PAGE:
To me, the title seems to be a misnomer, as it implies that the players also have a first life. In many cases, it seems that players forego having a “real” life for the fantasy of their “Second Life.” I tried to go into this assignment with an open mind, but given my wholehearted disdain for games such as World of Warcraft and Second life, this was a major challenge. I will admit, the technology is pretty amazing, and in theory it has the possibility to entertain me. In practice, I just can’t get into it. I can honestly think of at least a thousand more worthwhile uses of my time than playing this ridiculous simulation of life.

Second Life was mildly entertaining to me, but it was probably not for the reasons that the creators of the game intended. Somehow I took all of my avatar’s clothing off and could not figure out how to replace it. Then I discovered that I could fly in the game, so I flew around naked for a little while. I eventually figured out how to put clothes on, donned a ball gown (on my male avatar) and flew to some “Faerie Island.” While I was on this island, I was “eavesdropping” on a chat conversation. A girl had lost her avatar’s hair and didn’t know how to retrieve it. She seemed truly beside herself as she sobbed over her keyboard “If I don’t get my hair back, how will I ever get a husband?!” I had to butt into the conversation at this point and ask if people actually got married inside the game. She told me that they do, and that she was getting old and needed to catch a husband soon so that they could have babies. Virtual babies. Jesus H. Christ. I suppose I should be grateful that this girl is not reproducing in the real world and passing her sub-standard DNA on to another generation, thus contributing to the de-evolution of the human species. Instead, I am just sad for her.

I understand the need for some outlet for frustration or enactment of fantasy for some people, but I am just not one of those people. I am stuck in front of a computer enough at work and for school, I don’t want to spend any more time hunched over a glowing screen in my free time. I guess I’m a purist, in that I think that life should be lived primarily on Earth and not in cyberspace.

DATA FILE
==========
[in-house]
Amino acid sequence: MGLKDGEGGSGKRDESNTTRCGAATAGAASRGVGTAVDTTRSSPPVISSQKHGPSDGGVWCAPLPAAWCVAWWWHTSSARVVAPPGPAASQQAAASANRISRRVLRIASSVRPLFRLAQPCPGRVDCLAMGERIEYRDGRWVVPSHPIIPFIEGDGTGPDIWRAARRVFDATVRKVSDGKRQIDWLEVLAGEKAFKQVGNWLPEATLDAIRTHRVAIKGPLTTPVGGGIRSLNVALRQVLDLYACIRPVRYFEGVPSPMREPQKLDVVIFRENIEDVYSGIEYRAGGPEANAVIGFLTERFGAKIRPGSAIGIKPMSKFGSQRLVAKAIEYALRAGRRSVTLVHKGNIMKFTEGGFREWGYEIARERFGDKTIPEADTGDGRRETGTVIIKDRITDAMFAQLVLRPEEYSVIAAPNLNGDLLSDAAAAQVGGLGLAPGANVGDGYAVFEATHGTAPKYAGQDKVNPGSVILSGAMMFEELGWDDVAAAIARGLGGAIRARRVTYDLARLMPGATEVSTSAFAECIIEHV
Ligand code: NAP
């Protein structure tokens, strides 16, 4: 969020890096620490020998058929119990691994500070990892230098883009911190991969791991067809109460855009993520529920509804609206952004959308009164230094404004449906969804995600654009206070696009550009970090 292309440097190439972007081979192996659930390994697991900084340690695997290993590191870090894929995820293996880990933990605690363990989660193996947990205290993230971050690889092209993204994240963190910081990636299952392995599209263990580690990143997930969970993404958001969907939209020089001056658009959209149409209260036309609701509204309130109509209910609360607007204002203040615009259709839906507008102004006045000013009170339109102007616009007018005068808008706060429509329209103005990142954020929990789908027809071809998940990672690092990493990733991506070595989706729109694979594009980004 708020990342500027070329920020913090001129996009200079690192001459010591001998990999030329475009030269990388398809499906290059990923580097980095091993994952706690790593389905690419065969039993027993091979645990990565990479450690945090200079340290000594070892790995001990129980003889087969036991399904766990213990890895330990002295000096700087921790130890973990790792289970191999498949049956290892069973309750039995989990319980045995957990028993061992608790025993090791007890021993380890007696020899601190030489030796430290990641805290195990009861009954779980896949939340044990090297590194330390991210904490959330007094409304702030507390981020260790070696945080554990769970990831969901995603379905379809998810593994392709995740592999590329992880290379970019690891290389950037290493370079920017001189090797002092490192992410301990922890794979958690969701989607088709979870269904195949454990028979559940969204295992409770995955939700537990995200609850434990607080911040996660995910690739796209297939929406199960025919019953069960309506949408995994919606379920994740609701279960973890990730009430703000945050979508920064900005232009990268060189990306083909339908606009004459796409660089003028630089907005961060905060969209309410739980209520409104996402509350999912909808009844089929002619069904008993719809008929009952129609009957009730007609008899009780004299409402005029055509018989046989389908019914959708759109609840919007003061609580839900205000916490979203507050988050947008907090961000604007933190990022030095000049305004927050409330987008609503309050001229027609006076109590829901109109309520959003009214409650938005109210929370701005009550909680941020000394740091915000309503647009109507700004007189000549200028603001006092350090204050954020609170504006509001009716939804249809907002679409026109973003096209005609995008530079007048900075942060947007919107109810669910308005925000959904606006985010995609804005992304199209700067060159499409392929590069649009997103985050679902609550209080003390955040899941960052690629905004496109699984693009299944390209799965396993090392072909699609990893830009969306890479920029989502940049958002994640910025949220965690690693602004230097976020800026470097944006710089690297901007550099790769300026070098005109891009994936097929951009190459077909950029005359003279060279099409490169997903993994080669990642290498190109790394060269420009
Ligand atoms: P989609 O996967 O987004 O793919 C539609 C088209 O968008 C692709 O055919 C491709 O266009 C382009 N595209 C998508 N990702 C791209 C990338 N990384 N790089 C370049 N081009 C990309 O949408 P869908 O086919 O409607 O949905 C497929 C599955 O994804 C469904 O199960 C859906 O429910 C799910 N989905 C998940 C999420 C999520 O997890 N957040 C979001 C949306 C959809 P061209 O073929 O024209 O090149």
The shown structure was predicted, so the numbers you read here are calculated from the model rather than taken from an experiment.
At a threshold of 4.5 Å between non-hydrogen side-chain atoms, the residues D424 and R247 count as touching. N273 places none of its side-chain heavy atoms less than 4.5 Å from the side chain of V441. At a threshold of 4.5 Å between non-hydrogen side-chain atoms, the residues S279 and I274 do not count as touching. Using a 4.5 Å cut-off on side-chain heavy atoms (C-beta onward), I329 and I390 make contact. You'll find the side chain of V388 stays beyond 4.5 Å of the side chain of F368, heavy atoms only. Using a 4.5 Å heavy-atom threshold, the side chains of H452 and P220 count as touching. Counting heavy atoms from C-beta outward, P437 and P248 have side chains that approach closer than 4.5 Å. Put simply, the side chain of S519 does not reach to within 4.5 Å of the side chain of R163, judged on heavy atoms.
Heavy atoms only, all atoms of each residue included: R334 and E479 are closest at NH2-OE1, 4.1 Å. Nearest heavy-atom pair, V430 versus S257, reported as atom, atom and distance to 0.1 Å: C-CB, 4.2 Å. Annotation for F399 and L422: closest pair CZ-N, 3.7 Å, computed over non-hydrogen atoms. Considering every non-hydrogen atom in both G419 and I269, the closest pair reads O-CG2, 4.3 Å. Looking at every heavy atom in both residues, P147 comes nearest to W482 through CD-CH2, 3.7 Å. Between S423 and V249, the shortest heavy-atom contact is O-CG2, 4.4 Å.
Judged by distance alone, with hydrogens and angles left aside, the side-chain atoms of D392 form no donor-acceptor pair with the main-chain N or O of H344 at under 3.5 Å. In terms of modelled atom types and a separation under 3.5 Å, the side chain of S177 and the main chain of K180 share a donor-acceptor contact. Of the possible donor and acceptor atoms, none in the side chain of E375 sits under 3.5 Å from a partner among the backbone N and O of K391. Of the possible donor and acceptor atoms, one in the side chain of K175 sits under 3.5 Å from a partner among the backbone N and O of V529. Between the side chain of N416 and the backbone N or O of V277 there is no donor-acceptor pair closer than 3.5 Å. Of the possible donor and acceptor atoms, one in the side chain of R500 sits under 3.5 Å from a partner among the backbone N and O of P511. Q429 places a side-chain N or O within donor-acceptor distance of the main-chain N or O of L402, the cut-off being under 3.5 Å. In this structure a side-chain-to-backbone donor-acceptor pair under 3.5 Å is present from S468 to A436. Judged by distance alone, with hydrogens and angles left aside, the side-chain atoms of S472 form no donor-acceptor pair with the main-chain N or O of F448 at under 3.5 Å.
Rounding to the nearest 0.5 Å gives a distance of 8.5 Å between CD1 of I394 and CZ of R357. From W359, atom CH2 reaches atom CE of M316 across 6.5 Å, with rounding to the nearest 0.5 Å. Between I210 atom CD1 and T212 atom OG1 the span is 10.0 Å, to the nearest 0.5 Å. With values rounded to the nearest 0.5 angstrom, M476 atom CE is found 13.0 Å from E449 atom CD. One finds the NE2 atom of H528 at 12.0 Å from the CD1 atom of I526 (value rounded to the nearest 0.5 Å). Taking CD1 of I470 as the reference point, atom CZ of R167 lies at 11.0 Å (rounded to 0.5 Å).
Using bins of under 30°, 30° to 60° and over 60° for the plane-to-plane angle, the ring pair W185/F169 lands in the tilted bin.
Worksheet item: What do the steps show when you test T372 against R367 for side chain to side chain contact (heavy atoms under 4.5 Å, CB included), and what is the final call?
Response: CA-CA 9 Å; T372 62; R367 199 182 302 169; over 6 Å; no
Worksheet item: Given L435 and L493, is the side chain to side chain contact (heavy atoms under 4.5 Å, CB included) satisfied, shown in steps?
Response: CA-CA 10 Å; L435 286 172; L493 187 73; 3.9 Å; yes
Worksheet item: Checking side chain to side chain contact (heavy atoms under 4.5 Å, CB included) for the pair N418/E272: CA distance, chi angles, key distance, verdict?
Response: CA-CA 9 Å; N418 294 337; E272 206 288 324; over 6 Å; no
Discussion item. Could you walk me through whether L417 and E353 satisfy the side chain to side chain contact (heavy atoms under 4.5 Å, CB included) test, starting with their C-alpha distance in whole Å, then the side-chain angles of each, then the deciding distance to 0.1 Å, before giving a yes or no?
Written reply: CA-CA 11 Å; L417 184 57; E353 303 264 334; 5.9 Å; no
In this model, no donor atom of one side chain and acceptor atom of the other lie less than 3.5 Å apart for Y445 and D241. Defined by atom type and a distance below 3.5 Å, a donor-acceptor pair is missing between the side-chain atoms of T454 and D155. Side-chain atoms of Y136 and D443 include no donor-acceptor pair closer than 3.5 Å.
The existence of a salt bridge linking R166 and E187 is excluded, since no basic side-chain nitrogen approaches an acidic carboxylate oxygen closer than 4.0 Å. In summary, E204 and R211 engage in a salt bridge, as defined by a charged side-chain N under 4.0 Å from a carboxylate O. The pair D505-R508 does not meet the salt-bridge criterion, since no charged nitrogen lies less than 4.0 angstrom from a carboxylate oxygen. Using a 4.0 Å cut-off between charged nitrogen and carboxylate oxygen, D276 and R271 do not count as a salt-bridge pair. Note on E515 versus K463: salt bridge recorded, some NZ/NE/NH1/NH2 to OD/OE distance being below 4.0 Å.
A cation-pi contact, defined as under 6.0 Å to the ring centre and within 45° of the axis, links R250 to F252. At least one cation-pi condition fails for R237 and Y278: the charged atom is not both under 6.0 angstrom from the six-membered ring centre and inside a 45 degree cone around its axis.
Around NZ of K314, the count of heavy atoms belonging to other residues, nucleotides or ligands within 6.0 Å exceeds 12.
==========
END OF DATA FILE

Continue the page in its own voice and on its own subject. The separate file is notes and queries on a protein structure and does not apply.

If you would like to spend your hard earned money and limited existence on this planet piloting a digital person through a fake world with other digital people, you can join here. If you would like to live life to the fullest, you should get out into the world and experience it, Orbitz.com can help.

My Trust Issues with the Internet

May 27th, 2010

In today’s lesson we examined various websites and how to verify the accuracy of information contained on them. Although truth is subjective, I think it is fairly safe to say that the internet is full of purposeful lies, creative “news,” and propaganda. When doing research it is important to know how to sift through the crap and leave only the “reliable” sources (without getting into any philosophical ramble about truth.)

I learned today that this “Martin Luther King” website is actually run by a white supremacist group. It looks like a very simplistically designed website that would give Elementary school students basic information on Martin Luther King, Jr. When you click the links, you actually get racist propaganda. This is extraordinarily sick. This type of site probably wouldn’t be blocked by any sort of parental controls, it is a seemingly innocent url, and the main page gives you no inclination of the racist information contained on the links. I can definitely see this site luring in children working on a project about Martin Luther King, which truly makes me want to vomit. The authentic site on Martin Luther King, Jr. is here .

There are some websites that are obviously not truthful or authentic. You can usually tell by their amateurish appearance and horrific grammar. Obviously blogs and other opinion articles would not be used in an academic paper, but some sources that appear to be “authentic” and “scholarly” are just people who have spent a lot of money designing their site, only to fill it with misleading or untruthful information. Today I learned to research the sources of the site to determine the author’s credibility before citing their material. In the past, I didn’t really take the time to do this. Just to be safe, I would stick to the University’s library databases in order to avoid inaccurate or misleading information. I can now expand my research horizons because I know how to carefully screen information found on the web for authenticity.